Insulin resistance expressed by HOMA-IR is generally accepted as a valid method in epidemiological surveys. However, there is hardly any consensus on the cut-off points. Values based on 50th percentile [24, 25], 75th percentile [26], 90th percentile [27], lower boundary of the top quintile [14, 15], or tertile [2, 3] of HOMA-IR have been used previously. We defined insulin resistance as HOMA-IR greater than the 80th percentile (≥1.60), which was commonly practiced [14, 15]. In addition, when we performed a separate analyses with insulin resistance defined by the top quartile of HOMA (>1.47) or 90th percentile (>2.02), we obtained similar results (data not shown). Further, insulin resistance is reported to occur at HOMA levels that range from 2.00 to 4.00 in non-Asians, even greater [28, 29], and the threshold levels are lower in Asians, from 1.38 to 2.00 [14, 30, 31]. Our HOMA threshold of 1.6 is within this range. Although we defined insulin resistance a little arbitrarily, it might be accepted in clinical practices.

The study also had several limitations. Firstly, the major limitation of our study was failure to use a glucose clamp, an insulin suppression test, or a frequently sampled intravenous glucose tolerance test. However, those methods for all individuals over the course of our study were not feasible for pragmatic reasons and logistics. Secondly, the absence of an oral glucose tolerance test might miss some patients with diabetes. Thirdly, because of the relatively small sample size, the results of our study might have limited statistical power. No comparisons between different races might be another limitation.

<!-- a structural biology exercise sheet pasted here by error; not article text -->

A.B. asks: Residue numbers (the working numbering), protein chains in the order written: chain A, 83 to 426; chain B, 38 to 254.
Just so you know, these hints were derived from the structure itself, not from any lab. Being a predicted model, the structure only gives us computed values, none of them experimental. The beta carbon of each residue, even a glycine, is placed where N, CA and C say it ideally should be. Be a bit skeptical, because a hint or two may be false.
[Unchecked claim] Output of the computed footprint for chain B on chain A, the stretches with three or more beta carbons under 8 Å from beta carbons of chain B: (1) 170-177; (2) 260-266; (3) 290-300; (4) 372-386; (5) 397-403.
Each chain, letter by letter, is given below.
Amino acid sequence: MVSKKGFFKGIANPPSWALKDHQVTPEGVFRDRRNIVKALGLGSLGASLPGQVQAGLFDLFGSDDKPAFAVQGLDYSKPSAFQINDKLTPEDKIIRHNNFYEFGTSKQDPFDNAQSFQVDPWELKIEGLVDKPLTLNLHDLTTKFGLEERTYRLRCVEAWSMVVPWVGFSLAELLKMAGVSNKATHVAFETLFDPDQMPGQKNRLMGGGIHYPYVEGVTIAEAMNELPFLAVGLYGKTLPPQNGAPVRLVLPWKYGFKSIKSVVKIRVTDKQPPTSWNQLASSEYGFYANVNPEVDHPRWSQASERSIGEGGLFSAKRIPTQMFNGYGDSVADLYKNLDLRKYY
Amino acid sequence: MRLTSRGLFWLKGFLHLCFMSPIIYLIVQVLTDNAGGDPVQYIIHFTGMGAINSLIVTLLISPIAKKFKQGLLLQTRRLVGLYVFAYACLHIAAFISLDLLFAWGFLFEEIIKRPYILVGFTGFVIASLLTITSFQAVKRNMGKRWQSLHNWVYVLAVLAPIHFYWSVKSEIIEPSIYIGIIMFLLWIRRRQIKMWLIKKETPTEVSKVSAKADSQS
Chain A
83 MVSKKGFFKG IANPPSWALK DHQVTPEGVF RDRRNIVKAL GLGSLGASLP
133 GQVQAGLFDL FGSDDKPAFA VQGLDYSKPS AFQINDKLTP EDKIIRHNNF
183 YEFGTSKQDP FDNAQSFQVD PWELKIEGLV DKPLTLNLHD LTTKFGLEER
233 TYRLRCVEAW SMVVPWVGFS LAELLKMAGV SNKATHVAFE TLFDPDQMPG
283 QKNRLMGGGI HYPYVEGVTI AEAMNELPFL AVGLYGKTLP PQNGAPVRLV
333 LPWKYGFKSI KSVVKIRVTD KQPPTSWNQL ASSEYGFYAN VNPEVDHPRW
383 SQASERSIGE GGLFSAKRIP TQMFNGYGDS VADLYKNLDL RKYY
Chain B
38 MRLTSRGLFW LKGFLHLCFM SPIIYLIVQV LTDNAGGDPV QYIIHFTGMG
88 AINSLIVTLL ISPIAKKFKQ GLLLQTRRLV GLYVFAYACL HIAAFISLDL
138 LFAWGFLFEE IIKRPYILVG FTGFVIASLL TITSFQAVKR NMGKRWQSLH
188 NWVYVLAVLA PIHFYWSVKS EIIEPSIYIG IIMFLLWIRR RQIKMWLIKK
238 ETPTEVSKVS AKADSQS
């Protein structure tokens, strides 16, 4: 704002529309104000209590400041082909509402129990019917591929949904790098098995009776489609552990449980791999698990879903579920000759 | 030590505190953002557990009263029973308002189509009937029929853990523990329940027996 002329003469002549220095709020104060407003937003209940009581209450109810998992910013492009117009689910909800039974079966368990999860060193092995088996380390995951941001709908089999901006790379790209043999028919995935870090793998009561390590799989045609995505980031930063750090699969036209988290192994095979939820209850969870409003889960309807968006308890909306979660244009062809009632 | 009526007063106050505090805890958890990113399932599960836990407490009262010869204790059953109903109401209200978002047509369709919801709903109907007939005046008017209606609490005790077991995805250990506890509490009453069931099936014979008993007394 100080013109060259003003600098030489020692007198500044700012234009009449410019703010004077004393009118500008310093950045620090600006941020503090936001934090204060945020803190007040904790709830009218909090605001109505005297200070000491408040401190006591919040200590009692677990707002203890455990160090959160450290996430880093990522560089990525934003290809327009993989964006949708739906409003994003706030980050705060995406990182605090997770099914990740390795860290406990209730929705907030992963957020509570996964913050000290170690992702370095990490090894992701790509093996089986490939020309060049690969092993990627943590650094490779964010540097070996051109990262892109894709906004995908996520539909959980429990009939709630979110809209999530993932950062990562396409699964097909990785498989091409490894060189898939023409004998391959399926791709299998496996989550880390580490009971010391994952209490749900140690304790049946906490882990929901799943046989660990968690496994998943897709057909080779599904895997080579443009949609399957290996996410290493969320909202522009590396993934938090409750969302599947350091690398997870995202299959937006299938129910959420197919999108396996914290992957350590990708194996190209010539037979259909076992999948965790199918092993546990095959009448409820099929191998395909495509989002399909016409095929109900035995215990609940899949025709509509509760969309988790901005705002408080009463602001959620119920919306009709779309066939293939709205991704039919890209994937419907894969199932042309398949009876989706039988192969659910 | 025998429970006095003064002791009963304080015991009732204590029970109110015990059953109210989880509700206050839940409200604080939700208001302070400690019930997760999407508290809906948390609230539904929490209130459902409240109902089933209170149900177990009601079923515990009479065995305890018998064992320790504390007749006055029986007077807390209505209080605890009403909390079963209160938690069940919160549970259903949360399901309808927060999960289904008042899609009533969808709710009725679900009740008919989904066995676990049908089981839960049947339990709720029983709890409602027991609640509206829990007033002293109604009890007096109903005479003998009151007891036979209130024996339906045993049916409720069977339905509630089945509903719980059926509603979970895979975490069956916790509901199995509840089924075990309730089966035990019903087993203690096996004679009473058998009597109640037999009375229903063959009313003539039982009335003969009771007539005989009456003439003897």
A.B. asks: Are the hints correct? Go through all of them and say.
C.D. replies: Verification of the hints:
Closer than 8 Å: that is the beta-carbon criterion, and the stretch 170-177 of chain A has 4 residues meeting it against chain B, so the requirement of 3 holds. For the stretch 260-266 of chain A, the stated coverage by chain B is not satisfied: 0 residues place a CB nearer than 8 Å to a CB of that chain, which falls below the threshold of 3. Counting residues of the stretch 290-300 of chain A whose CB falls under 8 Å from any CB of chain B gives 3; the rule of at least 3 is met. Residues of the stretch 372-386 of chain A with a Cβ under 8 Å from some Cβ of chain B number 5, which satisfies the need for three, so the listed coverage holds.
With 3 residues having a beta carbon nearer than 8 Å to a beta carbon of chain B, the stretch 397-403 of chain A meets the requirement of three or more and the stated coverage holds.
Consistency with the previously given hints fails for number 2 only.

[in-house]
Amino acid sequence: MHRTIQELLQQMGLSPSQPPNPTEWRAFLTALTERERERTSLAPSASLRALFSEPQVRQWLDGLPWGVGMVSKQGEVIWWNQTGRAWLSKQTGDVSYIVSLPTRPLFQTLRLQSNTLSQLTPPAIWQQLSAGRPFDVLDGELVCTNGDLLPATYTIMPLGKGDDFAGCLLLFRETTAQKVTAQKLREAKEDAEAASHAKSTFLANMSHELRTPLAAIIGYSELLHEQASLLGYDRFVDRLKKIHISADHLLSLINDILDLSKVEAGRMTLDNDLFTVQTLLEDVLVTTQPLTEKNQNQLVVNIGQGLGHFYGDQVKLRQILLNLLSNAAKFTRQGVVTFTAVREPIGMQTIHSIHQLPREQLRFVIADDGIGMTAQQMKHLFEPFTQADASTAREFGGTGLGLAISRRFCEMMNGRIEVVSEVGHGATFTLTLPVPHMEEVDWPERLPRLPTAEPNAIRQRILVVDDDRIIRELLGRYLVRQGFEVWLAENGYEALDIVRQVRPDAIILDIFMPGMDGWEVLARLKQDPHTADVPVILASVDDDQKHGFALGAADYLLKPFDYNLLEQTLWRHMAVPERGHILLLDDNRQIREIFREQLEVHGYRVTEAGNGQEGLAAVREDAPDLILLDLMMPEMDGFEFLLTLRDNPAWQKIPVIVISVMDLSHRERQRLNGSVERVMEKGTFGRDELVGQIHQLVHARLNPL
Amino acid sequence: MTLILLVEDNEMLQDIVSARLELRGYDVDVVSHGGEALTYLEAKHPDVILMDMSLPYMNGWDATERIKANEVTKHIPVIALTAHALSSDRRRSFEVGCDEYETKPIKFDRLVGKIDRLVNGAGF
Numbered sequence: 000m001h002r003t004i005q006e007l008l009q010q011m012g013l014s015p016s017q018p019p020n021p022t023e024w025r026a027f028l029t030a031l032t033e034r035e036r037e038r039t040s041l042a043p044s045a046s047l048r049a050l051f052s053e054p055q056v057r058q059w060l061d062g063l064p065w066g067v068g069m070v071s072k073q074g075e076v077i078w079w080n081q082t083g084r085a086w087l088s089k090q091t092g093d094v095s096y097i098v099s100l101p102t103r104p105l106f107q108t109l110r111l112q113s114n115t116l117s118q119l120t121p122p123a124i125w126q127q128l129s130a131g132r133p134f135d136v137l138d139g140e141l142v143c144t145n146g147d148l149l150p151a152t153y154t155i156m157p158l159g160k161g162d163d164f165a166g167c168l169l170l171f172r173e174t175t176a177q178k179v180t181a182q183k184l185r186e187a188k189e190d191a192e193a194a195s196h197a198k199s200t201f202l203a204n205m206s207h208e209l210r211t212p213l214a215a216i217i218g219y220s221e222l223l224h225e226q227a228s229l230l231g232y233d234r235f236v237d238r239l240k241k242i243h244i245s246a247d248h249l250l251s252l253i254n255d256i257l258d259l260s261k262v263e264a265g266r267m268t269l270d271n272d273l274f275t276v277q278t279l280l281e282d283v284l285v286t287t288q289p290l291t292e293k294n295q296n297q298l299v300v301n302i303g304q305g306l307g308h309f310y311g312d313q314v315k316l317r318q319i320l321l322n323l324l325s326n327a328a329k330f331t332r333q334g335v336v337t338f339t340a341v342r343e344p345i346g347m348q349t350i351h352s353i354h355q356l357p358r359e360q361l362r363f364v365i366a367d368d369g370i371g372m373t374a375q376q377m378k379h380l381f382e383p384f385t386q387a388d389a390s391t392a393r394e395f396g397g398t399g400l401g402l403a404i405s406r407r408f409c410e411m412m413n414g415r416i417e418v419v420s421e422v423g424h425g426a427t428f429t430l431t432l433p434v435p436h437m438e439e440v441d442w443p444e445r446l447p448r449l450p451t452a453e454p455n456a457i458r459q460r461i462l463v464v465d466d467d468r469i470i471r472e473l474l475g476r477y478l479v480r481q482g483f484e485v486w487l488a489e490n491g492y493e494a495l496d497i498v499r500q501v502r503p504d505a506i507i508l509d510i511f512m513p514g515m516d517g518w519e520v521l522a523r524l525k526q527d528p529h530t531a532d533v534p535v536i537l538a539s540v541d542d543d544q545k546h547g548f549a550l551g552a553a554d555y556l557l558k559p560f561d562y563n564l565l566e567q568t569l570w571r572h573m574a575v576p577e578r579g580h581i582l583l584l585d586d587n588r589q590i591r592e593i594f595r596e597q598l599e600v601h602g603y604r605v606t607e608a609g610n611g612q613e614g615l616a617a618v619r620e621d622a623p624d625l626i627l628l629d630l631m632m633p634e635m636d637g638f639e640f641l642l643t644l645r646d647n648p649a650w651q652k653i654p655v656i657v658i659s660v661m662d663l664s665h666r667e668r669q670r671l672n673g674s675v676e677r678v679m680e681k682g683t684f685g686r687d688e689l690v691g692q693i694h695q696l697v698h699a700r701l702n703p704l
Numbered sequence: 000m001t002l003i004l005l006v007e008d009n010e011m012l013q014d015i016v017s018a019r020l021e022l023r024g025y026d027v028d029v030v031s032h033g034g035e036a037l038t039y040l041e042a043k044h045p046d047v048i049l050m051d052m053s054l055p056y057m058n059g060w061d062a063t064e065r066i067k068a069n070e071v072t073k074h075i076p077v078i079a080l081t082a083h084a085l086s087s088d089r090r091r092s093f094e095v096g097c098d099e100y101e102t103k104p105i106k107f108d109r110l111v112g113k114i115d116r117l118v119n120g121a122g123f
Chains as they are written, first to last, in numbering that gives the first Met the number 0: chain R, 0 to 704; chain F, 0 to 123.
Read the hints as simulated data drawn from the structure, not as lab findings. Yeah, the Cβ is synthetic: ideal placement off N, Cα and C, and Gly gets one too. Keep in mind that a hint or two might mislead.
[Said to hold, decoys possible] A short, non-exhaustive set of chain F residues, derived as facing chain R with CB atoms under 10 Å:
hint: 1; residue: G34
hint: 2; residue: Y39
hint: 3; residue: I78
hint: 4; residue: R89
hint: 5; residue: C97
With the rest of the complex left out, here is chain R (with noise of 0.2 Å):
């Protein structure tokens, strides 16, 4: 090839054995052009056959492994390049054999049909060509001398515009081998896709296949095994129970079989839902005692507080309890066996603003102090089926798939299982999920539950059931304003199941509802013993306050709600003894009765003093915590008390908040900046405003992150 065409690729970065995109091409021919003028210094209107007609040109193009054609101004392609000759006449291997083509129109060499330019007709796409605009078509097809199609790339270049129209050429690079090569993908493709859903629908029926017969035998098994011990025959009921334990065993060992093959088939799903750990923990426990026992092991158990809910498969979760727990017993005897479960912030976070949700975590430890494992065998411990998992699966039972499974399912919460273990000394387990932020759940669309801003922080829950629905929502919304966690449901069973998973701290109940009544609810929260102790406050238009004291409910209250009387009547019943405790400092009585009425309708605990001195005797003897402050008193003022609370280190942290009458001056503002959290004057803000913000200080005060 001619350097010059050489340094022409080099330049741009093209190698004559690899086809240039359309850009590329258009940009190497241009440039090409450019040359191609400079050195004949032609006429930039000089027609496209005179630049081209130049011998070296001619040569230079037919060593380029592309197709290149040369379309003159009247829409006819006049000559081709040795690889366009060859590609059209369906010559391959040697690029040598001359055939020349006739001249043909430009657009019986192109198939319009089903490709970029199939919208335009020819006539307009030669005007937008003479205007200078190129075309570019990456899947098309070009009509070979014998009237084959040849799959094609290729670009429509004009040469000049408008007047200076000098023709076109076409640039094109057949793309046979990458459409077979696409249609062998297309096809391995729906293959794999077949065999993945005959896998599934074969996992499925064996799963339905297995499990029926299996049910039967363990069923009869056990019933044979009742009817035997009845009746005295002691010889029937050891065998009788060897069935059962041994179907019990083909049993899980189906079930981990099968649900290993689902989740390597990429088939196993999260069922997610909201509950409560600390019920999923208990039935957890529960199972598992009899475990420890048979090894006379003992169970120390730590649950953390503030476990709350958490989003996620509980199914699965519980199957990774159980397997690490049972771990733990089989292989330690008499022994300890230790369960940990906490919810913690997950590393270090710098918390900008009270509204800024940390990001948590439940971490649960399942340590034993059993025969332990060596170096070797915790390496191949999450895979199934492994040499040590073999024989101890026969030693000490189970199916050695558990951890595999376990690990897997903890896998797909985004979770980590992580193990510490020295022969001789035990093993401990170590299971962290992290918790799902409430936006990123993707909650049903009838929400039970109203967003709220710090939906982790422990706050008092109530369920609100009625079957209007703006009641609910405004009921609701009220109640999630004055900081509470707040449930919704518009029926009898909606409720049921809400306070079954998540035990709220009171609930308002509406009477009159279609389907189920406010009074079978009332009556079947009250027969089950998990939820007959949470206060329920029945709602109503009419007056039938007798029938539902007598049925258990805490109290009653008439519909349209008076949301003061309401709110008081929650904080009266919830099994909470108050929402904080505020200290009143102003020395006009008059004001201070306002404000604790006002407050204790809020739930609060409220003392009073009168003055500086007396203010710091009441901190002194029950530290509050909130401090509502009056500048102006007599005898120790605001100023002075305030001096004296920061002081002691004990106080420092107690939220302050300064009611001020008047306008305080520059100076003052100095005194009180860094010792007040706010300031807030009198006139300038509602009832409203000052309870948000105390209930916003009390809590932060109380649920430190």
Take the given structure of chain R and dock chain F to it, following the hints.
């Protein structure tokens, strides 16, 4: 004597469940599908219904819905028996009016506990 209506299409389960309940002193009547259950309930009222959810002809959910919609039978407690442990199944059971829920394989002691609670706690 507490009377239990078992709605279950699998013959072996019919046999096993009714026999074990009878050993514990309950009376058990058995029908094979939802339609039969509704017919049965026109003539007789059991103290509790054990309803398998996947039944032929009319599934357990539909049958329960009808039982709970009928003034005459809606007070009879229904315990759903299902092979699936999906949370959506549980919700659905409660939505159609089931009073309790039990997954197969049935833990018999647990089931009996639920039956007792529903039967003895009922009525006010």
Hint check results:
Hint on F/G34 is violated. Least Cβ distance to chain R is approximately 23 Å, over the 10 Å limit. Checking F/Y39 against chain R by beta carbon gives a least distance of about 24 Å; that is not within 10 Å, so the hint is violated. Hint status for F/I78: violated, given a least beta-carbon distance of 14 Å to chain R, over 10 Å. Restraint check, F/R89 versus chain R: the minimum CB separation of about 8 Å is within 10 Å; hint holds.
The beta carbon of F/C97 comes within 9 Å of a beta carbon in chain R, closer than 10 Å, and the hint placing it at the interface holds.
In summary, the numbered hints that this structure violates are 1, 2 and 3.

5. Conclusion

In conclusion, the discriminatory power of TG/HDL-C for insulin resistance differs by gender and obesity index in the normoglycaemic Chinese population, and the discriminatory power of TG for insulin resistance is not acceptable in both men and women. TG/HDL-C could discriminate insulin resistance in the nonobese and normoglycaemic women, and it should be recommended in clinical practices. TG might not be recommended for clinical practices. Further studies should include different ethnic backgrounds, and the gold standard test for evaluating insulin resistance should be used.

Conflict of Interests

The authors declare that there is no conflict of interests regarding the publishing of this paper.

Authors’ Contribution

Jiyun He and Sen He equally contributed to the paper.

Acknowledgments

The authors thank the contributions of Dr. Qing’s team at the Hospital of Chengdu Guoguang Eectron Tube Plant (Chengdu, CN). This study was supported by Megaprojects of Science Research for the 11th Five-Year Plan, China (Grant no. 2006BAI01A01).